It is never too cold, or too snowy, to sue.

Although the government was closed Friday afternoon because of a snowstorm, a large coalition of industry and business groups, comprising a large chunk of the U.S. economy, joined a lawsuit on the side of the Environmental Protection Agency to stop environmental groups from making the agency's already strict ozone regulations for cutting smog even stricter.

It's ironic, because the industry coalition is also suing the agency over the same rules in the D.C. Circuit Court of Appeals. The industry sued over the rules being too strict, and the environmentalists sued because they weren't strict enough.

The activists don't think the EPA went far enough when it finalized its ozone rules last year, lowering the national air quality standard from 75 parts per billion (ppb) to 70 ppb. The U.S. Chamber of Commerce, which is the leading the industry coalition opposing the groups, can't contend with 70 ppb, let alone a level such as 65 or 60 ppb. It says a pollution standard that low would place all cities and pristine park lands in violation of the law, and in noncompliance, which it sees as harmful to the economy.

William Kovacs, the Chamber's senior vice president for regulatory affairs, said that the group's lawsuit filed in December details how "EPA's 70 ppb mandate is unattainable for many communities and will stifle economic expansion opportunities in areas across the country." But the "even more stringent standard sought by these special interest groups would force a far greater number of cities and counties into EPA's economic 'penalty box,' and would be devastating to American business."

"The Chamber will continue to push back against unreasonable regulatory overreach from the EPA and third-party litigants," Kovacs said.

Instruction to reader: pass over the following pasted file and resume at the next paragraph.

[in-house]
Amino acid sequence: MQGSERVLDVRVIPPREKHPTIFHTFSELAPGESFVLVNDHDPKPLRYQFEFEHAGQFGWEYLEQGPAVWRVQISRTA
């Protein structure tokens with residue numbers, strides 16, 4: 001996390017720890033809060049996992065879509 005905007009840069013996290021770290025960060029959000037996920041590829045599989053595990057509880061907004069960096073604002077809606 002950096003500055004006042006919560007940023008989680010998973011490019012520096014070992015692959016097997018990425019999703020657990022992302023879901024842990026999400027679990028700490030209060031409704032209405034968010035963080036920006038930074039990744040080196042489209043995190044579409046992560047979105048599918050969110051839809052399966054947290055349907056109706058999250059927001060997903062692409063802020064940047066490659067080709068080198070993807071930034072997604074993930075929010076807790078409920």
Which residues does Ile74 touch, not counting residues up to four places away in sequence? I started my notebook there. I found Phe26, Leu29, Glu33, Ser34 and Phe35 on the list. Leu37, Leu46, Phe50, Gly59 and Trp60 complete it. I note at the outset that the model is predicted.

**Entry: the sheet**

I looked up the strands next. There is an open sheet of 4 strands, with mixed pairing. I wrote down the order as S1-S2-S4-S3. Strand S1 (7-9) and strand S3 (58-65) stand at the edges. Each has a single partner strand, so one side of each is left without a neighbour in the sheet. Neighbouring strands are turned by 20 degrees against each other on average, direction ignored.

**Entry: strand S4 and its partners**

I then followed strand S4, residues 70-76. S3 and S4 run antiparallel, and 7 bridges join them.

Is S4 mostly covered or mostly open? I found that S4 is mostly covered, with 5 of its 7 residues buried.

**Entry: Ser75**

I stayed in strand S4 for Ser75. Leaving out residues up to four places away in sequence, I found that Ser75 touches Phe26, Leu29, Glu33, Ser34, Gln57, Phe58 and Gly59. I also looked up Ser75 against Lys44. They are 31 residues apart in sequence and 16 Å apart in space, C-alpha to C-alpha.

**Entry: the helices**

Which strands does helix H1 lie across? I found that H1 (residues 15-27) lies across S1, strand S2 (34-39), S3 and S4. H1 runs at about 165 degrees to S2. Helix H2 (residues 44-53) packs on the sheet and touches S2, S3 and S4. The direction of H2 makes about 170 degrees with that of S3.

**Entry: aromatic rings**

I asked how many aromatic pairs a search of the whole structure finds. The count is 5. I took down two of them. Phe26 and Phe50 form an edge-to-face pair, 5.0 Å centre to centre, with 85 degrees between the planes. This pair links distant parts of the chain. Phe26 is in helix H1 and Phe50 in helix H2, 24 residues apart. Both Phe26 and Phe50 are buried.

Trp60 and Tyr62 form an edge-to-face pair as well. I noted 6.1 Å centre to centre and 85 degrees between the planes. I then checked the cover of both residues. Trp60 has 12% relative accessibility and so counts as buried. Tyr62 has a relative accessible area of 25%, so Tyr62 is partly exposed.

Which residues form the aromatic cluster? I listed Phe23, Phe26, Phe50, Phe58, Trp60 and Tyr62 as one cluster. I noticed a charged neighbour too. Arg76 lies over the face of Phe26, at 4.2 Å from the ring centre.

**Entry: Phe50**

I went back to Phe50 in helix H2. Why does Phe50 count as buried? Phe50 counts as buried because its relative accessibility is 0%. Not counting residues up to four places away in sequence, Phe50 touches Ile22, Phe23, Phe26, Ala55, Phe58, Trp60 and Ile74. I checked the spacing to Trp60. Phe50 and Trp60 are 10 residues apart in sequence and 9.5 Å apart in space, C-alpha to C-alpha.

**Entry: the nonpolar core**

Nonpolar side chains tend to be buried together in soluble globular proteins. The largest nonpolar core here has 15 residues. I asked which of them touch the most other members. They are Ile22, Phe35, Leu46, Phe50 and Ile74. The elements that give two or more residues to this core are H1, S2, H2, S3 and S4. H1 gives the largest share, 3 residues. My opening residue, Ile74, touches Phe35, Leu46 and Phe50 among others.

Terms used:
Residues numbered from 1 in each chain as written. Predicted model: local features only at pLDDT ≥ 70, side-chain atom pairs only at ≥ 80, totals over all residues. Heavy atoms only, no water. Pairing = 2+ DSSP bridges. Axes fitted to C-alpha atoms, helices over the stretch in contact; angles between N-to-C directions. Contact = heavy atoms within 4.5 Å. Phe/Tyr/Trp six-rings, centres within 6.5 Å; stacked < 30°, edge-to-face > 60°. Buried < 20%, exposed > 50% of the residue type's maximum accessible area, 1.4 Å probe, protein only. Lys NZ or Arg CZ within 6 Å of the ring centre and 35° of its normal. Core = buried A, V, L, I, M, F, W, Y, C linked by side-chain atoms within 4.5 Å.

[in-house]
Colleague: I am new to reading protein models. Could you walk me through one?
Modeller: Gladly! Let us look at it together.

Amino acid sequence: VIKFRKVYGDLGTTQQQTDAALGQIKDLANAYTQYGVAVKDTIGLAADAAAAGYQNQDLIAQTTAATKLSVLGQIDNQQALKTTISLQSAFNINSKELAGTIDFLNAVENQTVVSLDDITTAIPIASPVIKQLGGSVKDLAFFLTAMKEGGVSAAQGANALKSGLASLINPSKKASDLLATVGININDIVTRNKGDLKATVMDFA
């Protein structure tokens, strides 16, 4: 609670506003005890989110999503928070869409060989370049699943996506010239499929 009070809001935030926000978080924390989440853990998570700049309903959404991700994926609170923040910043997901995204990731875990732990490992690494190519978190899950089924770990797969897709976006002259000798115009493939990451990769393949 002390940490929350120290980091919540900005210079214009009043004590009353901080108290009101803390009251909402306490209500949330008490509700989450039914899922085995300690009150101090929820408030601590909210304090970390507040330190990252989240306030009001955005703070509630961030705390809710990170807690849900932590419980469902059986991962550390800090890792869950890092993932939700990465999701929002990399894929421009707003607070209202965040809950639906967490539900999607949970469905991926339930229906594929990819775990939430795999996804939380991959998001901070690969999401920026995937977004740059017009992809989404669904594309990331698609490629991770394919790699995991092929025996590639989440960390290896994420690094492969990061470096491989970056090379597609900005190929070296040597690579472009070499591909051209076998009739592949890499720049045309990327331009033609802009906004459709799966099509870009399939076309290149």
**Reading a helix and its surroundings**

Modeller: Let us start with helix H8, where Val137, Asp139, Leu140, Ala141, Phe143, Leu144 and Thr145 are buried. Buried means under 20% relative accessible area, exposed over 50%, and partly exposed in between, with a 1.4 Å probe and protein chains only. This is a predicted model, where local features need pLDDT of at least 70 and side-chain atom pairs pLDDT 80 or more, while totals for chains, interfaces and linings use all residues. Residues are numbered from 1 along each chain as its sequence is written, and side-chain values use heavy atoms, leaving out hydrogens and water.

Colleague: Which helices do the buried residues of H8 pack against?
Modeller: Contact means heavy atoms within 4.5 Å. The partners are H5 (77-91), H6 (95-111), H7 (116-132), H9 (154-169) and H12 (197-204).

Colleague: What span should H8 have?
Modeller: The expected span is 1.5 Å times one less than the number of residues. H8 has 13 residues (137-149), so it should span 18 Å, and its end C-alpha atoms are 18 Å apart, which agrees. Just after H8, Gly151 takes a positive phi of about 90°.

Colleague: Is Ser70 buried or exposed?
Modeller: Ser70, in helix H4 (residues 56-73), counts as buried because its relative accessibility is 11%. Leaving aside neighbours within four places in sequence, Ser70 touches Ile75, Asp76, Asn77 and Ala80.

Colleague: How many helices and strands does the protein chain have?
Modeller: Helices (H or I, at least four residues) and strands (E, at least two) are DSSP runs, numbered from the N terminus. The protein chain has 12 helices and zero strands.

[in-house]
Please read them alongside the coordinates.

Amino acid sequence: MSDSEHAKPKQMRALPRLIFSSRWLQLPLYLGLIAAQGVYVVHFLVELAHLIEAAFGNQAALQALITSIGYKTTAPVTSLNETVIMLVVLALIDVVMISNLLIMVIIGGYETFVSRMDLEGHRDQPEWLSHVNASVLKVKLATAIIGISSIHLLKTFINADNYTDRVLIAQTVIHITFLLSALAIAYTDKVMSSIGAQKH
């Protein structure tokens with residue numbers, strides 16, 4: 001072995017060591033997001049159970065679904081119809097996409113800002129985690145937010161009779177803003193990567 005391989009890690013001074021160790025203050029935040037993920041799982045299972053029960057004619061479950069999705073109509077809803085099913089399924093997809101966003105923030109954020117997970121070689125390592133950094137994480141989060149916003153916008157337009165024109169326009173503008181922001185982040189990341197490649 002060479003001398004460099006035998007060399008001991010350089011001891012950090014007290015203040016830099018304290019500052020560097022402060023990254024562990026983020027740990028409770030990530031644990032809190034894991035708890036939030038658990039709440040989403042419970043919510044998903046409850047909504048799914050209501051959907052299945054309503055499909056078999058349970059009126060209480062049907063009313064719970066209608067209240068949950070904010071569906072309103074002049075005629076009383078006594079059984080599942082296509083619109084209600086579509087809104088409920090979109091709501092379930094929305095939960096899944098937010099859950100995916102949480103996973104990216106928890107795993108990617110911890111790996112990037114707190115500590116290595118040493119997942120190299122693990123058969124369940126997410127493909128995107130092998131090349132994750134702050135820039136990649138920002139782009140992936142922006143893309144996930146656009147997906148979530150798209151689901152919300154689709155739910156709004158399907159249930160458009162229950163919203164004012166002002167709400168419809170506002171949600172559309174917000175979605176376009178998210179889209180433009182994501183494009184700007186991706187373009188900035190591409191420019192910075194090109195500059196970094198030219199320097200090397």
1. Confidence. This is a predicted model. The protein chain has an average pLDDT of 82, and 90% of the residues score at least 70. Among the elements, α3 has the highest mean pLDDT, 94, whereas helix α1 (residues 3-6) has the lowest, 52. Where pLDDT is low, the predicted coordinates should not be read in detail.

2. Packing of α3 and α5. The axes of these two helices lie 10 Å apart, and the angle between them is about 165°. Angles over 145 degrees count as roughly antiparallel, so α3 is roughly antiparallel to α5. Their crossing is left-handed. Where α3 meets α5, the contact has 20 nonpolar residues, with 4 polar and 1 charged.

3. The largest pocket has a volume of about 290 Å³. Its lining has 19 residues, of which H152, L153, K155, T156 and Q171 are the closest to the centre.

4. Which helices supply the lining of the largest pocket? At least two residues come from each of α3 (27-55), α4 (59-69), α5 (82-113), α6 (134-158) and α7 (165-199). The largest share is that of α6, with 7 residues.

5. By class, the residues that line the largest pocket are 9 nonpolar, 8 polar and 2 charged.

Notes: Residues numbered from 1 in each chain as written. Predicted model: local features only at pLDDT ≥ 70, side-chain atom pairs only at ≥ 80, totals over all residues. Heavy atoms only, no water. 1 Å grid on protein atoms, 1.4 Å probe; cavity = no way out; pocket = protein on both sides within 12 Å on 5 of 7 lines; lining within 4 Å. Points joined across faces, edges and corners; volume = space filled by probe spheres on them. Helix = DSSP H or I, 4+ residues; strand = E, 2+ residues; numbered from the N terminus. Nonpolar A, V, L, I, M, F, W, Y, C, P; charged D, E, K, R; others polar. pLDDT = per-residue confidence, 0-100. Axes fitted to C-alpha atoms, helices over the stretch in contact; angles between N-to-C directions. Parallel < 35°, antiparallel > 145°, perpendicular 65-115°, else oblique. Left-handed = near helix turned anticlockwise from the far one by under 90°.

Many congressional Republicans refer to the ozone regulations as the most costly in history.

"The more stringent standards sought by environmental petitioners would have even more devastating impacts on ... intervenors' members and the overall economy than the [70 ppb standard] that EPA did adopt," the coalition argues in its Friday motion. "For example, an economic analysis in the record estimates that a standard of 65 ppb, if attainable, could, over the period from 2017 through 2040, cost nearly $1.1 trillion (present value) and result in a loss of approximately 1.4 million job equivalents."

Tightening the standard to 60 ppb would cost potentially $270 million annually, for a total cost of more than $6 trillion over the period and a loss of about 2.9 million jobs, the industry said.

Groups joining the Chamber's motion to intervene include the National Association of Manufacturers, American Petroleum Institute, Utility Air Regulatory Group, Portland Cement Association, American Coke and Coal Chemicals Institute, Independent Petroleum Association of America, National Oilseed Processors Association, American Fuel & Petrochemical Manufacturers, American Chemistry Council, American Forest & Paper Association, American Foundry Society, American Iron and Steel Institute, and the American Wood Council.